Two different children.  Two different angel stories.  

The Bible tells us in Psalm 91:11 that he will command his angels concerning you to guard you in all your ways.  Angels are commanded to watch over God's children - those who make the Most High their refuge.  God is our refuge and our strength, a very present help in time of trouble.  He sent His angels to guard my children, to keep them from harm, even though it was their own foolishness (and their mother's neglect) that caused them to be in danger.

But get this:  He did not spare His own Son!

Max Lucado captures it beautifully in the fictional words of the Angel Gabriel:

As we looked at the baby  Jesus, the darkness lifted.  Not the darkness of the night, but the darkness of the mystery. . . Our minds were filled with Truth we had never before known.  We became aware for the first time of the Father's plan to recue those who bear His name. . .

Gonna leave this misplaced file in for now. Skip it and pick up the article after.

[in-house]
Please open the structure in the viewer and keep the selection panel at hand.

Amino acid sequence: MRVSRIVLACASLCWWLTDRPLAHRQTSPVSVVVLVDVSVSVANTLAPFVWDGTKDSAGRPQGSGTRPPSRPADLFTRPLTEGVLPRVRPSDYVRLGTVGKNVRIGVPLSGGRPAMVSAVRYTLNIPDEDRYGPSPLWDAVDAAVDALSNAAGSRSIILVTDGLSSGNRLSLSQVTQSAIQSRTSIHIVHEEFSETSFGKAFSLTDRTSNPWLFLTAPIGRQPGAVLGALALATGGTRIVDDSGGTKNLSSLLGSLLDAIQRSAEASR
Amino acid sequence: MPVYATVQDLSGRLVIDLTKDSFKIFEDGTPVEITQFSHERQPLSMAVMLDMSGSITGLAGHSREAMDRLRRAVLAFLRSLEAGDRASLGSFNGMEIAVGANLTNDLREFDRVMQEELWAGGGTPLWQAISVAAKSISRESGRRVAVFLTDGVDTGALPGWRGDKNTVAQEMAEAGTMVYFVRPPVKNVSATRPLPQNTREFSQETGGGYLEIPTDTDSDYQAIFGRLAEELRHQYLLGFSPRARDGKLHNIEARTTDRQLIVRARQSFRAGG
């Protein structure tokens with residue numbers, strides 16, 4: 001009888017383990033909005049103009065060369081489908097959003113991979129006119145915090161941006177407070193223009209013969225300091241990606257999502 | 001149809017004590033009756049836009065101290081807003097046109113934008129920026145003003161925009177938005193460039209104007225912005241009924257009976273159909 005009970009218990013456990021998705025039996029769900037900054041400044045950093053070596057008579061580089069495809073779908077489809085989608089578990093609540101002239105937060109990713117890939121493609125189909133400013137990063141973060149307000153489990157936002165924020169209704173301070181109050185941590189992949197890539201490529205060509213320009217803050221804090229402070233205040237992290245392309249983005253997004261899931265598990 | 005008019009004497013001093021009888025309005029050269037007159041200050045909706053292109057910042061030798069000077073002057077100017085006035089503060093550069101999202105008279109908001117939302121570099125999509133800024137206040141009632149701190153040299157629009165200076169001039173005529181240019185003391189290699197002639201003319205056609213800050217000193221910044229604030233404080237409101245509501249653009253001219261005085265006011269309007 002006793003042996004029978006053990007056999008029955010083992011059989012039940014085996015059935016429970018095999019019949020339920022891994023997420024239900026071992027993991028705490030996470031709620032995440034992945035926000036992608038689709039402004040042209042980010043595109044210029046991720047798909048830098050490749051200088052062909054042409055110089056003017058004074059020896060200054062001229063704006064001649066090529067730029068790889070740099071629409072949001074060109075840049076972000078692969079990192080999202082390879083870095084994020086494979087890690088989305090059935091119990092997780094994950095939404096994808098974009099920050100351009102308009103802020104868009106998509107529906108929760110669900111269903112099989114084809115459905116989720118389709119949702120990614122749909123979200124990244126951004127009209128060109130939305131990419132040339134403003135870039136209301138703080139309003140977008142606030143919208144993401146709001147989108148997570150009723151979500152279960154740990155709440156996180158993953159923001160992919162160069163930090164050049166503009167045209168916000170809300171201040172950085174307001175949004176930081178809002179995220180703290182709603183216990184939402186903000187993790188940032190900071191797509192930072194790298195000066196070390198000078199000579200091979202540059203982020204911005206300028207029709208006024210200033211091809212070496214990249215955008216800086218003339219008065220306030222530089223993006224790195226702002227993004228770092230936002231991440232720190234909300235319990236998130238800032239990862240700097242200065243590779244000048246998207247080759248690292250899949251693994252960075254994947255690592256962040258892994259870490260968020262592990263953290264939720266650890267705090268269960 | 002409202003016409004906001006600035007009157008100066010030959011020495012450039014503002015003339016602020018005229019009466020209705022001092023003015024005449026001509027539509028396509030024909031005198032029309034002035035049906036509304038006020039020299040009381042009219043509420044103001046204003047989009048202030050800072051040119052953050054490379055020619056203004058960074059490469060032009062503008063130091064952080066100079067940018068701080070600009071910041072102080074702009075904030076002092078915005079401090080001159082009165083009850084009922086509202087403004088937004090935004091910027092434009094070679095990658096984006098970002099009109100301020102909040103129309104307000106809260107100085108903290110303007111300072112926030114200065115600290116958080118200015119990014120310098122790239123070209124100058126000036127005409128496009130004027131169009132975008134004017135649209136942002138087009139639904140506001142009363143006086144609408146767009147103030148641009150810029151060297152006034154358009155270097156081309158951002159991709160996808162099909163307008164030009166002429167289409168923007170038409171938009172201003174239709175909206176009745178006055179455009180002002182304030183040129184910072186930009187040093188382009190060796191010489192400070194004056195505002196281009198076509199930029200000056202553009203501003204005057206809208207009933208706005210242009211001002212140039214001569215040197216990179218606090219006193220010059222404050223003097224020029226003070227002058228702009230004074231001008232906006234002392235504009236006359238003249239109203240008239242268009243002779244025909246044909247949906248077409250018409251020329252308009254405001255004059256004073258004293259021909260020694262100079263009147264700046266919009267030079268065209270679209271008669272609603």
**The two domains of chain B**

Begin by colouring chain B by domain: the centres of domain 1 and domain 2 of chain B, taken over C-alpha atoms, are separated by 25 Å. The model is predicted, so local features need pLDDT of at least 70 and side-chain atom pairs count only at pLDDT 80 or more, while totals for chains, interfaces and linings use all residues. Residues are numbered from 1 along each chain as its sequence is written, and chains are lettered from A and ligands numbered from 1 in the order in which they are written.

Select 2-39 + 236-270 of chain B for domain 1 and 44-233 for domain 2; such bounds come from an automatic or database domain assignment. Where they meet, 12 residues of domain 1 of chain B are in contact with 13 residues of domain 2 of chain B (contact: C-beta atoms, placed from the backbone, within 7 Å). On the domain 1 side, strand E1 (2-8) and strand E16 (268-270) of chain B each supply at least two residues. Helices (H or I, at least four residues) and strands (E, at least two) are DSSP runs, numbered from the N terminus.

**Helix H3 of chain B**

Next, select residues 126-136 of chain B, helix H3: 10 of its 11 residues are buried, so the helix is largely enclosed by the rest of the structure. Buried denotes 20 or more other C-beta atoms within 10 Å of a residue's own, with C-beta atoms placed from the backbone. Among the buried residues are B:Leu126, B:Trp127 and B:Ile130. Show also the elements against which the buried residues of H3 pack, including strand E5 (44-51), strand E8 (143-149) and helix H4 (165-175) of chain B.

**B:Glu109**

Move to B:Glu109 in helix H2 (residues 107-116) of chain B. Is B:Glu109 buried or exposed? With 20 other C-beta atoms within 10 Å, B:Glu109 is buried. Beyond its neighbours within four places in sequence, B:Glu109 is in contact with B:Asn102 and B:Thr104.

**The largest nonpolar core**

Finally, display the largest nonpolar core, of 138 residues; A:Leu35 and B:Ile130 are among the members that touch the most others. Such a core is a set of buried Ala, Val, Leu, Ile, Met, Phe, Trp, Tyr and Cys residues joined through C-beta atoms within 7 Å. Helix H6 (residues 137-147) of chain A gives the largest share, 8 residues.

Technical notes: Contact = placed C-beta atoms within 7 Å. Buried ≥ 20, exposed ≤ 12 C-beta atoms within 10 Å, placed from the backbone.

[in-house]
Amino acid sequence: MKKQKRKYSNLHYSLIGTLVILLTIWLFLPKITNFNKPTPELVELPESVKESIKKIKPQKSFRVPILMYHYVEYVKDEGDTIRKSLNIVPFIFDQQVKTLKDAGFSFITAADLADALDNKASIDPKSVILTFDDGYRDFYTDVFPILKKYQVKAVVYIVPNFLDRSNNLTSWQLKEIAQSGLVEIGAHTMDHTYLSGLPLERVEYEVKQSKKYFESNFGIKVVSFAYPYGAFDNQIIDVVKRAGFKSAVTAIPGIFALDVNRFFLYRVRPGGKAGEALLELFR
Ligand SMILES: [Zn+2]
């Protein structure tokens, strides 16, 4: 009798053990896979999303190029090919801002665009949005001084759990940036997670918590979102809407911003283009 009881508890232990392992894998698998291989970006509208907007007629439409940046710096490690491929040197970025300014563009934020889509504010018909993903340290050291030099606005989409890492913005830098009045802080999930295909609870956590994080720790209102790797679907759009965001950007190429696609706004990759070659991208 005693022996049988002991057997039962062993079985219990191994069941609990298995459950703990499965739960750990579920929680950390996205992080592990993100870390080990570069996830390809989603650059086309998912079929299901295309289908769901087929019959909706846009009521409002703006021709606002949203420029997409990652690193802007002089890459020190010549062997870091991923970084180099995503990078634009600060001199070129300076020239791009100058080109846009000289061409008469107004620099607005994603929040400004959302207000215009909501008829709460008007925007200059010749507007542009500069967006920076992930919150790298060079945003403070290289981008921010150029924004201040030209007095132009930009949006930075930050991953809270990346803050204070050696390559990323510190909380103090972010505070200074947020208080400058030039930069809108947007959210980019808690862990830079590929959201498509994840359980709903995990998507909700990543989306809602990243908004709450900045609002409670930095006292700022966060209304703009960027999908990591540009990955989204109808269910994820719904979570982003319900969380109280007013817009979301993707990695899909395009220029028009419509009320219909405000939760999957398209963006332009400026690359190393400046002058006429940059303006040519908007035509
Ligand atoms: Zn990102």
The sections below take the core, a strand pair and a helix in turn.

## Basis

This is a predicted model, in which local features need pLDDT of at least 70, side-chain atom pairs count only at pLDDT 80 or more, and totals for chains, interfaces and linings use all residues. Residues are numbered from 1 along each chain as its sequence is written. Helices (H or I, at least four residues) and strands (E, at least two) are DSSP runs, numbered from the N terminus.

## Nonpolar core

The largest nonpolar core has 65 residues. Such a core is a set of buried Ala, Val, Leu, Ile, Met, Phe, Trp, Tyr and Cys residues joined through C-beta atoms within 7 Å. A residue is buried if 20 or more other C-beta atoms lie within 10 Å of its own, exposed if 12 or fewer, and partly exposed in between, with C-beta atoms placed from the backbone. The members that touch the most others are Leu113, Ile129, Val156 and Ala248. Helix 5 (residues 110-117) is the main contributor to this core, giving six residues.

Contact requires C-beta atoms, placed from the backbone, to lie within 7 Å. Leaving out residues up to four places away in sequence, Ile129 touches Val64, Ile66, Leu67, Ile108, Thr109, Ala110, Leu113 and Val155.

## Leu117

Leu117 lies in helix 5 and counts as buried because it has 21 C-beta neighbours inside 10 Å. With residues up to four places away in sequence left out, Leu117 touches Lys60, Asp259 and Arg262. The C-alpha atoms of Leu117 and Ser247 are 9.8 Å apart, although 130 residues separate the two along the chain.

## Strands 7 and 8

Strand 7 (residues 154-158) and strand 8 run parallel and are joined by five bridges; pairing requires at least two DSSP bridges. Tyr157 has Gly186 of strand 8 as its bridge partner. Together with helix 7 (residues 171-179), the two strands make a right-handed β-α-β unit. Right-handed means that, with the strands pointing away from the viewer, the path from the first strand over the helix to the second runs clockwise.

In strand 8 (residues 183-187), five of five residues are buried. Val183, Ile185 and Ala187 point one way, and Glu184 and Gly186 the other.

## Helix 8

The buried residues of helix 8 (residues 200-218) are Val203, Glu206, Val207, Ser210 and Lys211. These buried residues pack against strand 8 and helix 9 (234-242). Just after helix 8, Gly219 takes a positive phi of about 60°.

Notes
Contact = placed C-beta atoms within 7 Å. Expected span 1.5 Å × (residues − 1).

At once amazed and stunned, the eye of every angel went to the one part of the child: the hands which would be pierced.  "At the pounding of the nail," God told us, "you will not save Him.  You will watch, you will hear, you will yearn, but you will not rescue." p.92, Cosmic Christmas

The angels, God's messengers, protected MY children, yet were ordered to stand by and do nothing while God's Own Son was led like a Lamb to the slaughter.  

Romans 8:32 He who did not spare his own Son but gave him up for us all, how will he not also with him graciously give us all things?

What manner of love is this?  God did not spare His own Son, yet He spared mine.  God spared my daughter.  He spared ME.  

I am convinced that neither death, nor life, nor anything in all creation, can separate me from God's love.  And that love included sending His only begotten Son to be the propitiation for my sin.  There was no other way.  I needed to be rescued.  The price had to be paid.  And it was paid, that day on Calvary.